Inflation: Here’s More Proof of Inflation is Higher Than You Think

Inflation is Higher Than You ThinkInflation Kills Subway’s $5 Footlong

Subway’s “five…five dollar…five dollar footlong” song seems to be outdated—the footlong is no longer five dollars. Yes, it’s time to erase that jingle from our memory for good.

Citing U.S. inflation as the reason, Subway is hiking the price of its iconic footlong subs by $1.00. So, that $5.00 footlong will now be costing you $6.00.

The Subway $5 footlong deal was first introduced back in 2007 and in less than a decade, it became one of the most popular fast food deals. Naturally, Subway customers are not happy with this move. The price hike is receiving a backlash on Twitter after Subway made the announcement on its social media page. Responding to one of its customers’ tweets, Subway explained the reason for the price hike.

The move shouldn’t come as a surprise to consumers. The dollar today is not worth the same as the dollar of 2007. If we were to account for inflation, that $5.00 footlong should be worth $5.72 today. So the $6.00 price tag might be, to a certain extent, justified.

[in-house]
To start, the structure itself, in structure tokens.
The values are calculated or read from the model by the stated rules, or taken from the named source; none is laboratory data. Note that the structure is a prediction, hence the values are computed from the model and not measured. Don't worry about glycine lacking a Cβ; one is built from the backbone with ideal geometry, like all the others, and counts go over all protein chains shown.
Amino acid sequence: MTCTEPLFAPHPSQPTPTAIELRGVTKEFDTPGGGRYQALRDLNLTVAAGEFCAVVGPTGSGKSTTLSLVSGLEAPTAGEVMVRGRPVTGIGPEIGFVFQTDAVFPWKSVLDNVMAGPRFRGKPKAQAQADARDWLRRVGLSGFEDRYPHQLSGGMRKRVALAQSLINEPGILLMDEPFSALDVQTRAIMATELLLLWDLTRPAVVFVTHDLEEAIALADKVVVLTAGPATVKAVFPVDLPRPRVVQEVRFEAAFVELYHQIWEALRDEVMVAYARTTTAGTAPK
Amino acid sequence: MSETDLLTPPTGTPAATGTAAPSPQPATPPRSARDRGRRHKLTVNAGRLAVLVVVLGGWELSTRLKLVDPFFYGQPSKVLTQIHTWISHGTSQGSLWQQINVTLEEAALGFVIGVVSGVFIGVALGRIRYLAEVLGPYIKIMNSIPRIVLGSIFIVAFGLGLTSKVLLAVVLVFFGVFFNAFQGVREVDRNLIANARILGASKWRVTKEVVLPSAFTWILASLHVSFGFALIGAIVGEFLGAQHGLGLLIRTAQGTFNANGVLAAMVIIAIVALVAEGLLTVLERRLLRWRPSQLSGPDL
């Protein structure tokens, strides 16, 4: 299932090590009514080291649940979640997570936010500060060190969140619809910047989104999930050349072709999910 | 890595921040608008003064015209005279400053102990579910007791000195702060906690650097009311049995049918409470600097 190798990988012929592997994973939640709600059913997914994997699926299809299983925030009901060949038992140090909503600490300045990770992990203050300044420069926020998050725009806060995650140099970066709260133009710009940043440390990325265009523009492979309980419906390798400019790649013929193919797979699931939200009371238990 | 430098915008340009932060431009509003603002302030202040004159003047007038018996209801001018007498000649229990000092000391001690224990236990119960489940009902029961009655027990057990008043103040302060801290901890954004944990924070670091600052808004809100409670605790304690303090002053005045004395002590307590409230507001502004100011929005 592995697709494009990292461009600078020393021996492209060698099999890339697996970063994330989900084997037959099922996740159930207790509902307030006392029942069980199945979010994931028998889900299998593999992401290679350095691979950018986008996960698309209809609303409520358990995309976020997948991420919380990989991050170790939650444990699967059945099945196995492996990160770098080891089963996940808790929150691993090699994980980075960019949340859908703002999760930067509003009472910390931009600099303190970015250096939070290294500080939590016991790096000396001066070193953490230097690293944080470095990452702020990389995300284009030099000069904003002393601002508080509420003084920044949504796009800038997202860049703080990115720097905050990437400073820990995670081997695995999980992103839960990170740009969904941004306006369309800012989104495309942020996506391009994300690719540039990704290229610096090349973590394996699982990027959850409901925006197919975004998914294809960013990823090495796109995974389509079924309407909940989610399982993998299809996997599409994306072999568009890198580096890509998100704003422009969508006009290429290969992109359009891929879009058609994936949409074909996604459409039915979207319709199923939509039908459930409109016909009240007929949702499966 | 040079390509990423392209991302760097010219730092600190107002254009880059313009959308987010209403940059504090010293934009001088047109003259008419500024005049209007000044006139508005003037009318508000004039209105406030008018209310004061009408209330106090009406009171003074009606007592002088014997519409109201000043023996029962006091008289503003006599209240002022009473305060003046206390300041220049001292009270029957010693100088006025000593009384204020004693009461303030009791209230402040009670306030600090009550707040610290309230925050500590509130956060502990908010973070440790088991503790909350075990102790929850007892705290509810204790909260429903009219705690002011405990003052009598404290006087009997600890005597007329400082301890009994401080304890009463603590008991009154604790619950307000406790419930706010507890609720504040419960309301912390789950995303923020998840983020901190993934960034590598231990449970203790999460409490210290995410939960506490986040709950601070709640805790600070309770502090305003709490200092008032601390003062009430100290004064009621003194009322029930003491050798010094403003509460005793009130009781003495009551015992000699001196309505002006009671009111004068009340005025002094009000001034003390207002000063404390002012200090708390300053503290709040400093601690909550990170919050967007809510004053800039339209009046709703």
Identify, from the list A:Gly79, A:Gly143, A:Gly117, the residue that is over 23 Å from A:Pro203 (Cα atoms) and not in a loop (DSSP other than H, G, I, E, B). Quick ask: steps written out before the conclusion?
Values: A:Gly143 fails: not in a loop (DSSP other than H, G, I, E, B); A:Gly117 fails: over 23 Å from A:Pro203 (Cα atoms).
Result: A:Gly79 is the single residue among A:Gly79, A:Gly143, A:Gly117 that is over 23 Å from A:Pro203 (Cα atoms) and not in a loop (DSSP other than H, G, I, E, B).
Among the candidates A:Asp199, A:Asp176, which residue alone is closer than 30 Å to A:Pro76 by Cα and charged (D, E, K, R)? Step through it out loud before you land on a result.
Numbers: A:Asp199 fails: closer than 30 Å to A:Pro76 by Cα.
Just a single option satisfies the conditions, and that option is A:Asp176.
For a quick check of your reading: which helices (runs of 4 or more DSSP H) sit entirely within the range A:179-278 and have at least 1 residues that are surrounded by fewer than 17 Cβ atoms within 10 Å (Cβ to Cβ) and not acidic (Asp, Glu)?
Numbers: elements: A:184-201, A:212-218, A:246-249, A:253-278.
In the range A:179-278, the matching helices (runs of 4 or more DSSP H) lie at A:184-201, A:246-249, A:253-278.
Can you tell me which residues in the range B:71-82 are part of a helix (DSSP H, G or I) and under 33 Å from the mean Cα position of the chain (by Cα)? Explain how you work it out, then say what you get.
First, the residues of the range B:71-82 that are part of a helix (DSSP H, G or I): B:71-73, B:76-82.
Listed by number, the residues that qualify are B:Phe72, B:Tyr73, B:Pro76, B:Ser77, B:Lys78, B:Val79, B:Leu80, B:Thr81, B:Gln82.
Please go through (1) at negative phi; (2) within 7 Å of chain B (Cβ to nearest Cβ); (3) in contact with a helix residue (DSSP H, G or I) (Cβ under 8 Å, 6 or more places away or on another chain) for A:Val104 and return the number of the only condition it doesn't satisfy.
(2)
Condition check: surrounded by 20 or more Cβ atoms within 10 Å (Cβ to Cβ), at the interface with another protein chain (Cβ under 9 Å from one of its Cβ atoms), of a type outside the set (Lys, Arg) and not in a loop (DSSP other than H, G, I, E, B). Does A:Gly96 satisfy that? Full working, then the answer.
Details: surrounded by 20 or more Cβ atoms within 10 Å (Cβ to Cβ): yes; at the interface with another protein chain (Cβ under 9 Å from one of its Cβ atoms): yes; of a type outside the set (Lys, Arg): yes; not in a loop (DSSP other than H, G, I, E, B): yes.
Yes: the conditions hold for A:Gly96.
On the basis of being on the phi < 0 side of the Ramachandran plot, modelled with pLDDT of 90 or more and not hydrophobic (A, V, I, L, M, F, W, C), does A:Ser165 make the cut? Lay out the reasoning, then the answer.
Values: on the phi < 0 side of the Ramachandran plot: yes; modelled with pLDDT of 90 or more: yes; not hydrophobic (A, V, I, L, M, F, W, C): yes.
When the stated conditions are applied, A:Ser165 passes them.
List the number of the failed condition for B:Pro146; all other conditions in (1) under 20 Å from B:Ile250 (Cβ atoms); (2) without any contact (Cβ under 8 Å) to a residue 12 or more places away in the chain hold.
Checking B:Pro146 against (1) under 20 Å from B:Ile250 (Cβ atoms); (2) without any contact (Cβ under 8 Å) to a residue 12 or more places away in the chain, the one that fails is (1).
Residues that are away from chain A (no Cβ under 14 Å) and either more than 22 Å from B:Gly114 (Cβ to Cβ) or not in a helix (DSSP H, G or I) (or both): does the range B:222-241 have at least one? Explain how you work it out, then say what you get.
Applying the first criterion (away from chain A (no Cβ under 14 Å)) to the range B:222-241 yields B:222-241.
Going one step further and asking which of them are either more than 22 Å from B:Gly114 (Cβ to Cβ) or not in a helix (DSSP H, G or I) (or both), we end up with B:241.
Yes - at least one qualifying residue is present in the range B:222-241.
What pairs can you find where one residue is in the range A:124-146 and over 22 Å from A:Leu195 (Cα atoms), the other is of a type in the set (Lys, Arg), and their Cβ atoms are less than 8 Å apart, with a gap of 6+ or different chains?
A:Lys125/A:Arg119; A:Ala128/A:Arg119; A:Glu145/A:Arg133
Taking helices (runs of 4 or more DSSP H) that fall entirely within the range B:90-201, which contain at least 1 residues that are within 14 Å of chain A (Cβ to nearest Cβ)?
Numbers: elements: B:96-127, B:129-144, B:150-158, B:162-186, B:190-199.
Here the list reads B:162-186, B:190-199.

Privately-owned Subway uses the concept of “healthy fast food” as its selling point. Its rapid expansion strategy has helped it beat its much older and more established peers like McDonald’s. In fact, Subway now has more franchises across the U.S. than McDonald’s.

That expansion is said to have come at a price, though. It is believed that its ubiquitous franchises are now cannibalizing its own sales. The price hike for its most popular deal may have something to do with covering up for those cannibalized sales.

Separately, the company has recently settled a lawsuit that accused it of cheating its customers. Subway was allegedly advertising an 11-inch sub as a footlong, or 12-inch, sub. Subway is now ensuring that its footlongs really are a foot long. That has also added a cost, albeit miniscule, to the production of its five-dollar subs, which the extra dollar increase in price might help cover.

Nonetheless, as one Tweet aptly pointed out, the $6.00 footlong “doesn’t have the same catchiness.” It remains to be seen whether this new deal will turn out to be as successful as its predecessor. It might if the new Subway six-dollar footlong jingle sticks.